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Hideous daffodils

Narcissuspseudonarcissus500 Driving around England this last week, I’ve found the daffodils especially infuriating. Everywhere, even in relatively remote areas far from towns and villages, the roadsides are planted with daffodils. The trouble is that these daffodils, planted I’m sure by well-meaning local people, are so often large-flowered hybrids like ‘Dutch Master’. They just look so gross and out of place in these more or less natural situations.

If they’re going to plant daffodils, why not plant something less garish, something - dare I say it – like Britain’s native daffodils species, Narcissus pseudonarcissus? Seeing them in the grass at the Harcourt Arboretum a few miles outside Oxford, in the picture,reminds me how appropriate they look.

Pam Schwerdt and Sybil Kreutzberger, formerly Head Gardeners at the spectacular garden at Sissinghurst and my colleagues on the Royal Horticultural Society’s Herbaceous Plant Committee, have long complained about this habit of planting large flowered hybrid daffodils in more or less wild situations – they just look so unnatural! But their protests seem not to have yet sunk in.

So let me add my own encouragement: Please don’t plant large-flowered hybrid daffodils on roadsides, by farm gates, along hedgerows, and in other places populated by genuine wild flowers. If you want to plant daffodils, plant our own native wild species.

Looking for Dahlia ‘Ragged Robin’

Dahliaraggedrobin500 At the recent RHS flower show Alan Street of Avon Bulbs explained to me a problem they have with their wonderful Dahlia ‘Ragged Robin’.

Spotted as a seedling on the Somerset nursery in the early 1990s, 'Ragged Robin' is a prolific dahlia with bright red single flowers and slender wavy petals. There’s nothing quite like it, and it rapidly became popular in Britain; I was also very impressed when I saw it inthe USA, at Heronswood, the wonderful garden of Dan Hinkley in Washington State.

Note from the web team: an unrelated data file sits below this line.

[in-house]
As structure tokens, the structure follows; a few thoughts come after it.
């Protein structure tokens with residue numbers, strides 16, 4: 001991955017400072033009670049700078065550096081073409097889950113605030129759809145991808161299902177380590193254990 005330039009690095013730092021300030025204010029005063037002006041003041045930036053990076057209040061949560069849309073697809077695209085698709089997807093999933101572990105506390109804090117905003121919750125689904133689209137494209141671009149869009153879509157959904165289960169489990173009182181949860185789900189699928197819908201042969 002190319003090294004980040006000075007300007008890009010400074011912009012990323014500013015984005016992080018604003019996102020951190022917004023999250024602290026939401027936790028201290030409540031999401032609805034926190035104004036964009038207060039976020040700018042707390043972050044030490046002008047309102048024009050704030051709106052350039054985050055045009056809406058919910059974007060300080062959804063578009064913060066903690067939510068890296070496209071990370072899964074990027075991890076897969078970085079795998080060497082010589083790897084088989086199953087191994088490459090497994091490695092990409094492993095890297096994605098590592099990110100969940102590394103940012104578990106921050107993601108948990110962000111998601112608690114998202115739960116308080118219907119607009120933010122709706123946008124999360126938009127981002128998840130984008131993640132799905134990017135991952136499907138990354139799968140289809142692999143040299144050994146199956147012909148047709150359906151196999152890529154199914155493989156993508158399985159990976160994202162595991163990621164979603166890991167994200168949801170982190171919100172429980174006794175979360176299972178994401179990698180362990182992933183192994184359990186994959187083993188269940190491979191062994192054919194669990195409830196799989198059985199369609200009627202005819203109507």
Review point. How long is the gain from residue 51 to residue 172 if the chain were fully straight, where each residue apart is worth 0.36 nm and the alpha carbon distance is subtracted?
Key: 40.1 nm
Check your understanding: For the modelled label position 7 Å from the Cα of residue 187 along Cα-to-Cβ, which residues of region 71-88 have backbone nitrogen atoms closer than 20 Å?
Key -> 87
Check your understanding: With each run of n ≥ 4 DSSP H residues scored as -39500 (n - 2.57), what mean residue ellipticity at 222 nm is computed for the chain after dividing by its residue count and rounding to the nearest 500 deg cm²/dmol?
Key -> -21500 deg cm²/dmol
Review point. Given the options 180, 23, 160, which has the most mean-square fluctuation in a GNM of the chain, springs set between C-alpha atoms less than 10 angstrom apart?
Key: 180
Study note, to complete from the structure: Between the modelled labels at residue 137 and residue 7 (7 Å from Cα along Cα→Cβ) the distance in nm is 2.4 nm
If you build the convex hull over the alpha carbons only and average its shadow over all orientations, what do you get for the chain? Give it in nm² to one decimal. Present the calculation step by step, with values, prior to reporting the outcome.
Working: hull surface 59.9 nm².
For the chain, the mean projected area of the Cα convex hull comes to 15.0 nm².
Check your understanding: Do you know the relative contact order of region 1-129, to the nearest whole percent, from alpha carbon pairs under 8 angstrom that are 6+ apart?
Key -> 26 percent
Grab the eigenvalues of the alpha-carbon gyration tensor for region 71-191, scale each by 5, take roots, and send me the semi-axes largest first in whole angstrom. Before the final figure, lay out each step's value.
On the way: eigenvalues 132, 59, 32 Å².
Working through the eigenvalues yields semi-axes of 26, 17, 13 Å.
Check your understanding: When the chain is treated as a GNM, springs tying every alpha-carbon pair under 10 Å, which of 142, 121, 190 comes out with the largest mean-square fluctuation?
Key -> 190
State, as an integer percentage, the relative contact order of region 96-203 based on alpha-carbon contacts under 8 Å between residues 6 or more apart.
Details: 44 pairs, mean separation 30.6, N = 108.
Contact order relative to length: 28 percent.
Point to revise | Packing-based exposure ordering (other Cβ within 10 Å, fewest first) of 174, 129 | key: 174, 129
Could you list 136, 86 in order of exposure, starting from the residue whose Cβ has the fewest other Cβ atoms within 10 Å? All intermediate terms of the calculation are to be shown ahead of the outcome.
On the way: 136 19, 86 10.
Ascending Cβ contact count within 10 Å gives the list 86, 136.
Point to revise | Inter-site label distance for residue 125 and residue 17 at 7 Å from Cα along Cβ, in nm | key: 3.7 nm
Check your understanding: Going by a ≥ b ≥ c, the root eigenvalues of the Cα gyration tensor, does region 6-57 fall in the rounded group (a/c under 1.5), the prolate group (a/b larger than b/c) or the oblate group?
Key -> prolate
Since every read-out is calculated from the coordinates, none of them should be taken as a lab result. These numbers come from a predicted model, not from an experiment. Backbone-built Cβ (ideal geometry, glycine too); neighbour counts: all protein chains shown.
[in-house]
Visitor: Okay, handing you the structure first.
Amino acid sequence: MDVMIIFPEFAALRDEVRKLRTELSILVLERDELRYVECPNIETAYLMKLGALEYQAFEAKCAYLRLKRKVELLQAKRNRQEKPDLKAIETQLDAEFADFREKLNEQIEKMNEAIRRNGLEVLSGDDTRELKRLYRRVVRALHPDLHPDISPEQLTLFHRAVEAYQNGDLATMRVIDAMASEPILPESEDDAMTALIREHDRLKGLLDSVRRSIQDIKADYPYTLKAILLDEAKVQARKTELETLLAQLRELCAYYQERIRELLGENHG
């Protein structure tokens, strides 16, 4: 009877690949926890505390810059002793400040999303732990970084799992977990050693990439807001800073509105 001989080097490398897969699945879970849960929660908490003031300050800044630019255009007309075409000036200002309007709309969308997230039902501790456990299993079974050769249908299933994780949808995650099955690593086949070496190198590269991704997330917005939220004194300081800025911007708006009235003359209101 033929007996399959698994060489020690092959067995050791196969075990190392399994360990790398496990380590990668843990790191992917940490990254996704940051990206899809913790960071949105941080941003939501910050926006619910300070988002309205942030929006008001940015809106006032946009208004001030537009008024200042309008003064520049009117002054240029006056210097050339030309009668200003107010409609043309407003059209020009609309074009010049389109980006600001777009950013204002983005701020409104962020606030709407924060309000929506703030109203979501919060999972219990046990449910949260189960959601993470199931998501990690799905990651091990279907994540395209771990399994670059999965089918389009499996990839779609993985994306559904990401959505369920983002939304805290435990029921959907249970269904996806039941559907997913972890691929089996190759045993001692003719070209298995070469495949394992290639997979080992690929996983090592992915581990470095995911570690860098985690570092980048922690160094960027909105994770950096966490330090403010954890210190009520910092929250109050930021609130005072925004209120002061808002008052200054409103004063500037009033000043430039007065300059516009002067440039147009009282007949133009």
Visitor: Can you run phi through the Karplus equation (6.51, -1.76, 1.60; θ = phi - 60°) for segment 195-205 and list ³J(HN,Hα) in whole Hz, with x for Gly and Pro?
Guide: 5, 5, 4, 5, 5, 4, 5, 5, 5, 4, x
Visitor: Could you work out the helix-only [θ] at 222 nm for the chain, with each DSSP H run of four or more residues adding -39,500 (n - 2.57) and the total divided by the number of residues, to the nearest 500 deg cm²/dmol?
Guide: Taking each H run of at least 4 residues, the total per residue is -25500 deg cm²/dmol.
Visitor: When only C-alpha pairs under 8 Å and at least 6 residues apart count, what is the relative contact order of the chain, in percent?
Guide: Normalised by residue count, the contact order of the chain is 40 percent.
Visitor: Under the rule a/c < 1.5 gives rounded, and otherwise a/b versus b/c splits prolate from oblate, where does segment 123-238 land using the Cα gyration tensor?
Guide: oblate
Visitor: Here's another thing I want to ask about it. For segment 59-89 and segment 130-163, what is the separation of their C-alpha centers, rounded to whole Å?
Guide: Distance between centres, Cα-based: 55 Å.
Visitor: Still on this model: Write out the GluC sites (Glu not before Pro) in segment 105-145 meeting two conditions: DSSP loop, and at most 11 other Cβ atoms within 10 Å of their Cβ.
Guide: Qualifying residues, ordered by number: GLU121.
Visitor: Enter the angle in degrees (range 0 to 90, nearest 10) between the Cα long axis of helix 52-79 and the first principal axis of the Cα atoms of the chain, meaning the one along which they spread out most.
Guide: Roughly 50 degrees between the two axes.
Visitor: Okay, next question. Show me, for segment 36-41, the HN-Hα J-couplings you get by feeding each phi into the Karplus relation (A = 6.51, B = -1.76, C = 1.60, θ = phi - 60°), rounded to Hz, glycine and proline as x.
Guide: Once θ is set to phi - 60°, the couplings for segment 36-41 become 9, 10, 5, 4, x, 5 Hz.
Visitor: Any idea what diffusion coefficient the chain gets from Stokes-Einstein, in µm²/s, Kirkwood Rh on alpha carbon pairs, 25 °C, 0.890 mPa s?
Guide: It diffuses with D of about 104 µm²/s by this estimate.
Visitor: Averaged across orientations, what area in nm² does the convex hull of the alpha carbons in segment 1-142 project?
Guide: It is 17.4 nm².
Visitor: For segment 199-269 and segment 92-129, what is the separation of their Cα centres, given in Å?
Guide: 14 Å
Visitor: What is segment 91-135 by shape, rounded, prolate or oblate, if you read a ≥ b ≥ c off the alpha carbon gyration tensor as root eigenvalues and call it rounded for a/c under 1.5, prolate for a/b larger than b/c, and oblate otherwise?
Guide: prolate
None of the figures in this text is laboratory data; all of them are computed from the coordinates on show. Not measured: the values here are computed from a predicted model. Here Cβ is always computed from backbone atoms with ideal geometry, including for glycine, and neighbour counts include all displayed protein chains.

The problem that Avon Bulbs have is that their stock of this lovely plant has been infected with virus disease. The result is that it flowers far less generously than it should and rooted cuttings often fail to make tubers so it’s become impossible to carry plants over from one season from the next.

So they’d like to know if anyone out there is still growing healthy and prolific stock of ‘Ragged Robin’ – and if so, could they please let Avon Bulbs have some! They can propagate it again and make it available. The alternative is to try to create it again. Avon Bulbs only grew three dahlias at the time the self sown seedling was spotted: ‘Bishop of Llandaff’, D. coccinea and D. sherffii – so the parentage can be guessed at. But if someone still has healthy stock it would be so much simpler.

This is a wonderful nursery and Alan, and his colleague Chris Ireland-Jones, would greatly appreciate your help. Leave a comment here, or email the nursery, if you have any healthy plants or useful information on Dahlia ‘Ragged Robin’.

Begonias on trial – the report’s out

Begoniafireworks Over the  next couple of weeks, I’ll be posting news of the results of four trials held at the Royal Horticultural Society’s gardens at Wisley in Surrey. I was involved in judging them all.

These trials have universal value, they’re not just useful in Britain. For as well as assessing the very best varieties, which are awarded the prestigious Award of Garden Merit (AGM), problems of identification are resolved, pest and disease problems analyzed, cultural techniques investigated, and accurate and detailed descriptions published of all the award winners. All this is of value all over the world.